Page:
Take 2 ... Responding to Houston’s SOS
The rainfall in Texas may have been matched only by tears. From 1,700 miles away, it’s like witnessing innocents being cruelly punished in the churn of some surreal snow globe. Lives of thousands of Americans have been turned upside-down overnight.
It’s as impossible to define the breadth of Hurricane Harvey from the outside as it is from within Houston. This is the stuff of Biblical, or Hollywood, proportions.
A year’s worth of rain has fallen in a matter of days. A Texas meteorologist said it is enough to run Niagara Falls for more than a fortnight.
We have already witnessed strangers responding with mercy to a storm that shows none; helping others for whom shelter is suddenly nothing more than a blanket.
Tides of emotions, though, must be kept in check with measures of poise. Responding to crisis is something Americans do well, but empathy can result in misguided decisions.
So, as children return to school, here’s some homework before you reach out to help:
Write a check. Victims of this storm need shelter, food, clothing and medicine, but the relief agencies on the scene mostly need cash to deliver the goods. Stamford-based Americares has been on the ground since last Friday, just before hurricanes made landfall. They have provided medicines for displaced residents with diabetes, asthma and hypertension, and wheelchairs, walkers and bottled water. Feeling the urge to help, many people want to donate needed goods. It doesn’t work that way.
When donating money, research the recipient. The Red Cross has faced criticism over its response to natural disasters, but its staff continues to do admirable work on the front lines. (Hearst, which owns this newspaper, has donated $1 million to the Greater Houston Red Cross). The nonprofit Charity Navigator (charitynavigator.org) confirms registered charities and rates them on how well donations are distributed. The Red Cross currently has a grade of 83 percent, while Americares (americares.org/ harvey) is at 97 percent and Fairfield-based Save the Children (savethechildren.org) has an 88 percent. Do not respond to vague links or phone calls, as even the worst tragedies draw out heartless scam artists.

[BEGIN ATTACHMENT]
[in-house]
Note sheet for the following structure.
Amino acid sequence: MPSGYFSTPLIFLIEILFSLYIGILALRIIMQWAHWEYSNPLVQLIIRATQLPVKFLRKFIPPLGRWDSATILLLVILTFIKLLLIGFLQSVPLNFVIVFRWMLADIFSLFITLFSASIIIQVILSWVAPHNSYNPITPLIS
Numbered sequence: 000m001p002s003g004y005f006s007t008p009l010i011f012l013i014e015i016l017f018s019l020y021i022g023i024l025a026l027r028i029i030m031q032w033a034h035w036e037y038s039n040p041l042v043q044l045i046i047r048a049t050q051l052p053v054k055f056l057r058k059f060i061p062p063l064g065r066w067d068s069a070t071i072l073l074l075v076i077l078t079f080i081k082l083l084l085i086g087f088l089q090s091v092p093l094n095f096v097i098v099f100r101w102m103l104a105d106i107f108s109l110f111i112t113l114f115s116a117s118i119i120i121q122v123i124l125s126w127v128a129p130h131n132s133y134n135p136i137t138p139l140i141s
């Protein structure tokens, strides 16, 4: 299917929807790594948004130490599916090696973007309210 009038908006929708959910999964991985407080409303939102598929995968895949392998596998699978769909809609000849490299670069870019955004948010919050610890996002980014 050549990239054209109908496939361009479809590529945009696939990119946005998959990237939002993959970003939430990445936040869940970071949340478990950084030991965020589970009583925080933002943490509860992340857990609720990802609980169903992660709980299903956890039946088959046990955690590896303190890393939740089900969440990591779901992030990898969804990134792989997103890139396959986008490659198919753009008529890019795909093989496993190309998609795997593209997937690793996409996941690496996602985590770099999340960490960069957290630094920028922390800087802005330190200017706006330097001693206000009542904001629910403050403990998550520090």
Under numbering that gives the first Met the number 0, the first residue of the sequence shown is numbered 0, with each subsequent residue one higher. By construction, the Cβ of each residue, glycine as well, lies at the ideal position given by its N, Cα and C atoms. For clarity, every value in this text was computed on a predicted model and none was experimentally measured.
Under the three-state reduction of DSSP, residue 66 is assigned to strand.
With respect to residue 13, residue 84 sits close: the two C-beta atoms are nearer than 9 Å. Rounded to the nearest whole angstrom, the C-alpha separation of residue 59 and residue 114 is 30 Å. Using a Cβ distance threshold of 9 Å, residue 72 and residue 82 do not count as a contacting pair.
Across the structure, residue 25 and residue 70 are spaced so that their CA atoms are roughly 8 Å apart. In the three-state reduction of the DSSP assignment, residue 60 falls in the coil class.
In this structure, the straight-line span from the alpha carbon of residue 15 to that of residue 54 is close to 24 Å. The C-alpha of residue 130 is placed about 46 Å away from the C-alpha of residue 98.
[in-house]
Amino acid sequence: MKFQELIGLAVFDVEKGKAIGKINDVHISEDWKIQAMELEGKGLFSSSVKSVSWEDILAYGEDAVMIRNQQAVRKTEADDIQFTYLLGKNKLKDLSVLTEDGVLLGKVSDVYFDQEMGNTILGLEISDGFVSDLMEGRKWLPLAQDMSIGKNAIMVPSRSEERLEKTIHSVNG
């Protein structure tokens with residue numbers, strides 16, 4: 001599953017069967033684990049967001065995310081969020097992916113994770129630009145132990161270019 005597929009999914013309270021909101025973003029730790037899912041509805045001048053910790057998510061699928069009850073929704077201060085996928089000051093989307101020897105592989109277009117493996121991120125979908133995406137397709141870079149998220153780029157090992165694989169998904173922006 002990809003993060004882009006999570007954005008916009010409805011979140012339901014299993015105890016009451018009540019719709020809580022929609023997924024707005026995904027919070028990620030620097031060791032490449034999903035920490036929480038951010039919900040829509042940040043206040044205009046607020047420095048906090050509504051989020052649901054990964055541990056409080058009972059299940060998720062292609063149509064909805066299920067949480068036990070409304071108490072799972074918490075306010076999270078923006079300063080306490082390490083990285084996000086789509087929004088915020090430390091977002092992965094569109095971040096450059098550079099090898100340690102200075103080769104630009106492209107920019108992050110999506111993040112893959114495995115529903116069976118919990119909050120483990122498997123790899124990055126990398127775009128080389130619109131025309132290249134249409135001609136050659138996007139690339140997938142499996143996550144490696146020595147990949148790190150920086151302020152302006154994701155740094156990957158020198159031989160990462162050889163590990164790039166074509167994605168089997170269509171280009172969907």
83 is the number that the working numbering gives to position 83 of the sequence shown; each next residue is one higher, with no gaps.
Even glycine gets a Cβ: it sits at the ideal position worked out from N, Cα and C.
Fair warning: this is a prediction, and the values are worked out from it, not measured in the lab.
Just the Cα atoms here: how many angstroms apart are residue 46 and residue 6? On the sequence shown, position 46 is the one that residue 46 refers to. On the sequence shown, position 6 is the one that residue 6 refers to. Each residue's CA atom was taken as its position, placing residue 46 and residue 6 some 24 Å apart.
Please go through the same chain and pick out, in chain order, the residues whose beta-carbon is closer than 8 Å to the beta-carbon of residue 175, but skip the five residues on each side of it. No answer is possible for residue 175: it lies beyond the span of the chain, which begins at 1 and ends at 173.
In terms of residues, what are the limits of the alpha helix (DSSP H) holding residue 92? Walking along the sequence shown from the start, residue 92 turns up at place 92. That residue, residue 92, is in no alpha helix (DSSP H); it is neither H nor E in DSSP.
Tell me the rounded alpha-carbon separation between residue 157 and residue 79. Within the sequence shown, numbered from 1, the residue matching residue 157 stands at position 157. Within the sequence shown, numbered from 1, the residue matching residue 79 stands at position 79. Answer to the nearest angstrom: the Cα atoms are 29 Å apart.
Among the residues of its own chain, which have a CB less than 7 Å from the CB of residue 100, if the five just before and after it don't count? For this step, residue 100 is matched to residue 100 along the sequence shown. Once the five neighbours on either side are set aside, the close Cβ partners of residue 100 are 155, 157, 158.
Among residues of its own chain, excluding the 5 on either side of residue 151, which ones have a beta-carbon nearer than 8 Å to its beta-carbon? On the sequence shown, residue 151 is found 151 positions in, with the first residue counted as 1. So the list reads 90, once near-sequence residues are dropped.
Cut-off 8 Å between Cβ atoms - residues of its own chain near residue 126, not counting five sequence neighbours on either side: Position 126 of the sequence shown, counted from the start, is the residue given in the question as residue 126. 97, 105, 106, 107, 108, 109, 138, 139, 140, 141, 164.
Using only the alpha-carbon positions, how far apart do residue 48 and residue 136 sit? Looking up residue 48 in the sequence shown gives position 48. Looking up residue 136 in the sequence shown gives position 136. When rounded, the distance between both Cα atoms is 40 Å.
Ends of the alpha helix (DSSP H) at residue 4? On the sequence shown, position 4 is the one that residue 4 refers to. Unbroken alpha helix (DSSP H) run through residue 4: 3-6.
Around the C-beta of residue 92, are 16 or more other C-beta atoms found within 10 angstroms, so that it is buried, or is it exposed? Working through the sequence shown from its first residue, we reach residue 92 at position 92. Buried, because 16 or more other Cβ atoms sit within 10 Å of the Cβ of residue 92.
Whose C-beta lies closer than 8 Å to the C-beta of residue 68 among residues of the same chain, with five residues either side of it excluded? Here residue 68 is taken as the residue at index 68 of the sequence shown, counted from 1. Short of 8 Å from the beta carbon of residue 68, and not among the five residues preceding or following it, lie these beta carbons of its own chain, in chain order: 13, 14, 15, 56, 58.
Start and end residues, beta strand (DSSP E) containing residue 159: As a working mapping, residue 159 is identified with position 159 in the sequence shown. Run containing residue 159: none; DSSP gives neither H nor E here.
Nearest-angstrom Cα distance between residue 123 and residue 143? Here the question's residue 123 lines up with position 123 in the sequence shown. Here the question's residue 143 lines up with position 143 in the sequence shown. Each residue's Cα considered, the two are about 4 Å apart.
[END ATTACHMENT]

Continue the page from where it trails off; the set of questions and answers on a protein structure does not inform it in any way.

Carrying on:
Buy “local.” Consider giving to groups within Houston, and in communities providing shelter. An ancillary benefit is that you are boosting economies crippled by the storm.
Help doesn’t end today. Communities ripped apart by Hurricane Katrina 12 years ago are still in recovery. If you can’t help now, look for ways to pitch in before the end of the year, or next year, or beyond. When these waters recede, they will reveal future health and infrastructure issues.
Houston will be healing for years to come. At least for a few days, politics dropped beneath the tideline as Americans show they really do care about one another. Politics will surely resurface, as battles take shape over relief for the instantly homeless who lacked flood insurance.
That can wait. Today is a fine day to help. Now do your homework and pitch in.
If you can’t help now, look for ways to pitch in before the end of the year, or next year, or beyond. When these waters recede, they will reveal future health and infrastructure issues.